An SV Moms Group Book Club post.  In conjuction with the book club, I received a free copy of Girl in Translation by Jean Kwok.  All opinions expressed herein are entirely my own.


  1. Lisa says

    Great post! I was also frustrated by the idea of an America and an “other” America. It weighed on me, but there’s no making sense of it. Thanks for putting it into words.

    • Emily says

      I don’t know how well I put it into worlds, but I am struck by in a country the size of ours, how many little, insular worlds there are that never touch one another.

  2. Marketing Mommy says

    Excellent post, and far more insightful than mine, which is all about me, me, me. (My very minor experiences with culture shock upon moving back to America, that is.)

    • Emily says

      I found it a hard book to connect to my life — and then I tried to access it through the character of Annette. I too went to a fancy private school in a city, but I doubt anyone there was working in a sweatshop by night.

  3. Pamela says

    I love reading all of the SV Moms Book Club posts, each one so diverse. Mine is very different than yours. I have noticed one trend though, the positive attitude of immigrants. Americans should realize how lucky we really are! We look at something and see the negative in it before we see the positive.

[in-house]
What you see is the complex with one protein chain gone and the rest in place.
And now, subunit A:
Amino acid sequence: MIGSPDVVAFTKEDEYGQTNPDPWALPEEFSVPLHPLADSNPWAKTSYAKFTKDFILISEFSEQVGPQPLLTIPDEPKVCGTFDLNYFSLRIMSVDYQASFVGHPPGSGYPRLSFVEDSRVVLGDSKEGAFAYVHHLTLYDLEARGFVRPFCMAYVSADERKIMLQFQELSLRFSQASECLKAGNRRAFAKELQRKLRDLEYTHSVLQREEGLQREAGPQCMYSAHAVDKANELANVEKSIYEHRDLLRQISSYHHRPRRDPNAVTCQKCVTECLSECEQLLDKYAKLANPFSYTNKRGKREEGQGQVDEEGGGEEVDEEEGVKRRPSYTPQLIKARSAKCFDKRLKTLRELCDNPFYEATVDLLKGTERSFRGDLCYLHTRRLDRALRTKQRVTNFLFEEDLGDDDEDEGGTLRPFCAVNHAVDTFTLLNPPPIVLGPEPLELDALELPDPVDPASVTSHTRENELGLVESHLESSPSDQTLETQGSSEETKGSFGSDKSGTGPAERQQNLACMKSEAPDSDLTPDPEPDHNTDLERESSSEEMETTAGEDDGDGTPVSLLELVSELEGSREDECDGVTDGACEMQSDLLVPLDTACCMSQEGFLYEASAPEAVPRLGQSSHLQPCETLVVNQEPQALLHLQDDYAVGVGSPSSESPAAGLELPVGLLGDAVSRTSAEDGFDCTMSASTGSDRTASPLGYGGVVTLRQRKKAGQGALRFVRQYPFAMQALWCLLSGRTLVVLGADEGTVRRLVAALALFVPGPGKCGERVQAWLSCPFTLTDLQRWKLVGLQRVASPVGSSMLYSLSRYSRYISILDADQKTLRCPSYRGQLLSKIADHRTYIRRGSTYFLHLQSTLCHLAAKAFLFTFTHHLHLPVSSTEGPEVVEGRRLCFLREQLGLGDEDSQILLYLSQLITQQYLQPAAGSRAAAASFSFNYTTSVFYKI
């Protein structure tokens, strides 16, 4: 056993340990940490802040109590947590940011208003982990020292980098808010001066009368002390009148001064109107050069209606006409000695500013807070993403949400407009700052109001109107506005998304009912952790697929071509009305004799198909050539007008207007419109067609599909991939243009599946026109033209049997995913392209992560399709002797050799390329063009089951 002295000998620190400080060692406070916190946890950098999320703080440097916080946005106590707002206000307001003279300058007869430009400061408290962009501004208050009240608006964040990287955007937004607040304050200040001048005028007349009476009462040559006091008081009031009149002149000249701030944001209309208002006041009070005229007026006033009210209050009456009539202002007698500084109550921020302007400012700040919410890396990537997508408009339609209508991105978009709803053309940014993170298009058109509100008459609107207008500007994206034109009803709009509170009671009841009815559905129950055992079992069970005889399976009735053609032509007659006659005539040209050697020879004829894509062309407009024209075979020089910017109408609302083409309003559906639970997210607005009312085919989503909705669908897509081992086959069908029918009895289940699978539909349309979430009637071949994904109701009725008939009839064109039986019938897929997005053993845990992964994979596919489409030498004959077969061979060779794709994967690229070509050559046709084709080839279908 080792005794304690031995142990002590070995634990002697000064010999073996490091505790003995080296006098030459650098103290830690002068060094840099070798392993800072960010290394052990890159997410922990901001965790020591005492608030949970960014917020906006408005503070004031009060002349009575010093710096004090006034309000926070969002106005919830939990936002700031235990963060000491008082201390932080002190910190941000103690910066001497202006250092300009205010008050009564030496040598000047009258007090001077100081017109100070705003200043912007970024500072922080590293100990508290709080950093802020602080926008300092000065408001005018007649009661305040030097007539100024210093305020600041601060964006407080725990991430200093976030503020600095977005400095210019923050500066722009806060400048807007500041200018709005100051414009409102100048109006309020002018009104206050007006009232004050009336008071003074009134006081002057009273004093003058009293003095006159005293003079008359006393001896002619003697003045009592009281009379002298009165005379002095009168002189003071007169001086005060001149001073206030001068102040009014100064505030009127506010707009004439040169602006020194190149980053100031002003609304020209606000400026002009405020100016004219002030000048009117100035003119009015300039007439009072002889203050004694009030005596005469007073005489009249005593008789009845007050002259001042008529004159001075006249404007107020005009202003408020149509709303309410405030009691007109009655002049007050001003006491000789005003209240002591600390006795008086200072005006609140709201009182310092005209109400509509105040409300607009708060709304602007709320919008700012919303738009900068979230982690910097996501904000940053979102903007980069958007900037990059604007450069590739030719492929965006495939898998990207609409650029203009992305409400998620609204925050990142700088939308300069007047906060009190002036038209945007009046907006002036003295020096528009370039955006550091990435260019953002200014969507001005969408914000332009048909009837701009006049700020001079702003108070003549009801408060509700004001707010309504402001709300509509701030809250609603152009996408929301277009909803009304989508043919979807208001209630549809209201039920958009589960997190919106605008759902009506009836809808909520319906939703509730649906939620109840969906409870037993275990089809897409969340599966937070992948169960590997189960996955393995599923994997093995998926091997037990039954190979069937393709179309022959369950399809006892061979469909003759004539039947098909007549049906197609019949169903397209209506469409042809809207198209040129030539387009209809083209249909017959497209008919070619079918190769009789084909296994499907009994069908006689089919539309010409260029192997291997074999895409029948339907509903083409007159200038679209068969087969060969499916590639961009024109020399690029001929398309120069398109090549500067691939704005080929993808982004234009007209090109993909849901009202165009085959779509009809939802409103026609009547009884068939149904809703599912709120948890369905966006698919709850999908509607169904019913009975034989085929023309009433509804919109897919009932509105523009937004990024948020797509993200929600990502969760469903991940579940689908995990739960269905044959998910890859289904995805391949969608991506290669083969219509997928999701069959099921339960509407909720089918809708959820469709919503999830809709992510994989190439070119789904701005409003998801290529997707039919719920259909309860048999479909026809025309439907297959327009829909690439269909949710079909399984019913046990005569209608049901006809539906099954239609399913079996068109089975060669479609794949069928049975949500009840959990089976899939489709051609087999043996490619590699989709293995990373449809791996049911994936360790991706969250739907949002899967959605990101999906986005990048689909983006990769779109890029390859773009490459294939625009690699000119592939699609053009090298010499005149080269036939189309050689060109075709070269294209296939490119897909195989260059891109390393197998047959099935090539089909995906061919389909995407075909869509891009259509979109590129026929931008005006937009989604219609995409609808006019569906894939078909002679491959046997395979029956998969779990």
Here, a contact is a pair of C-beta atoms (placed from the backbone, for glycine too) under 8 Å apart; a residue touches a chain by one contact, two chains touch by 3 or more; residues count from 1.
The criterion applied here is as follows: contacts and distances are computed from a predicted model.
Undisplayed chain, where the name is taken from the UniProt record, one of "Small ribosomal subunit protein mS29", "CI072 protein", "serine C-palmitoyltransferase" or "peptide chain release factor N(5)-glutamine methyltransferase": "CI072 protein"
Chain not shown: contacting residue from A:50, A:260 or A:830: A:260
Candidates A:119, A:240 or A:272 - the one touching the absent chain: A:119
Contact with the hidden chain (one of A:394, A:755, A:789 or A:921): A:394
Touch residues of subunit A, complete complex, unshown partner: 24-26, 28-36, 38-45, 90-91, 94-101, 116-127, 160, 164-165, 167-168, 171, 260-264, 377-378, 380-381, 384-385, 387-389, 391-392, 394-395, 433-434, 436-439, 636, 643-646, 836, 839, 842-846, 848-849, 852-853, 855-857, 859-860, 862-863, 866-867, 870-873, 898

• Emily says

      Yes indeed. It astounds me what Americans take for granted. Like people who don’t vote. Don’t they know that people in other countries fight and die for the right to vote!

  4. Jean Kwok says

    Thank you for this very insightful post. This was a big part of the reason I wrote this book — to talk about worlds that most readers never see. I loved your comments about the different Americas that we all live in, and your thoughts about the immigrants you know and wondering how much of their lives are hidden. If my novel makes more people think likes this, I’ll be very happy.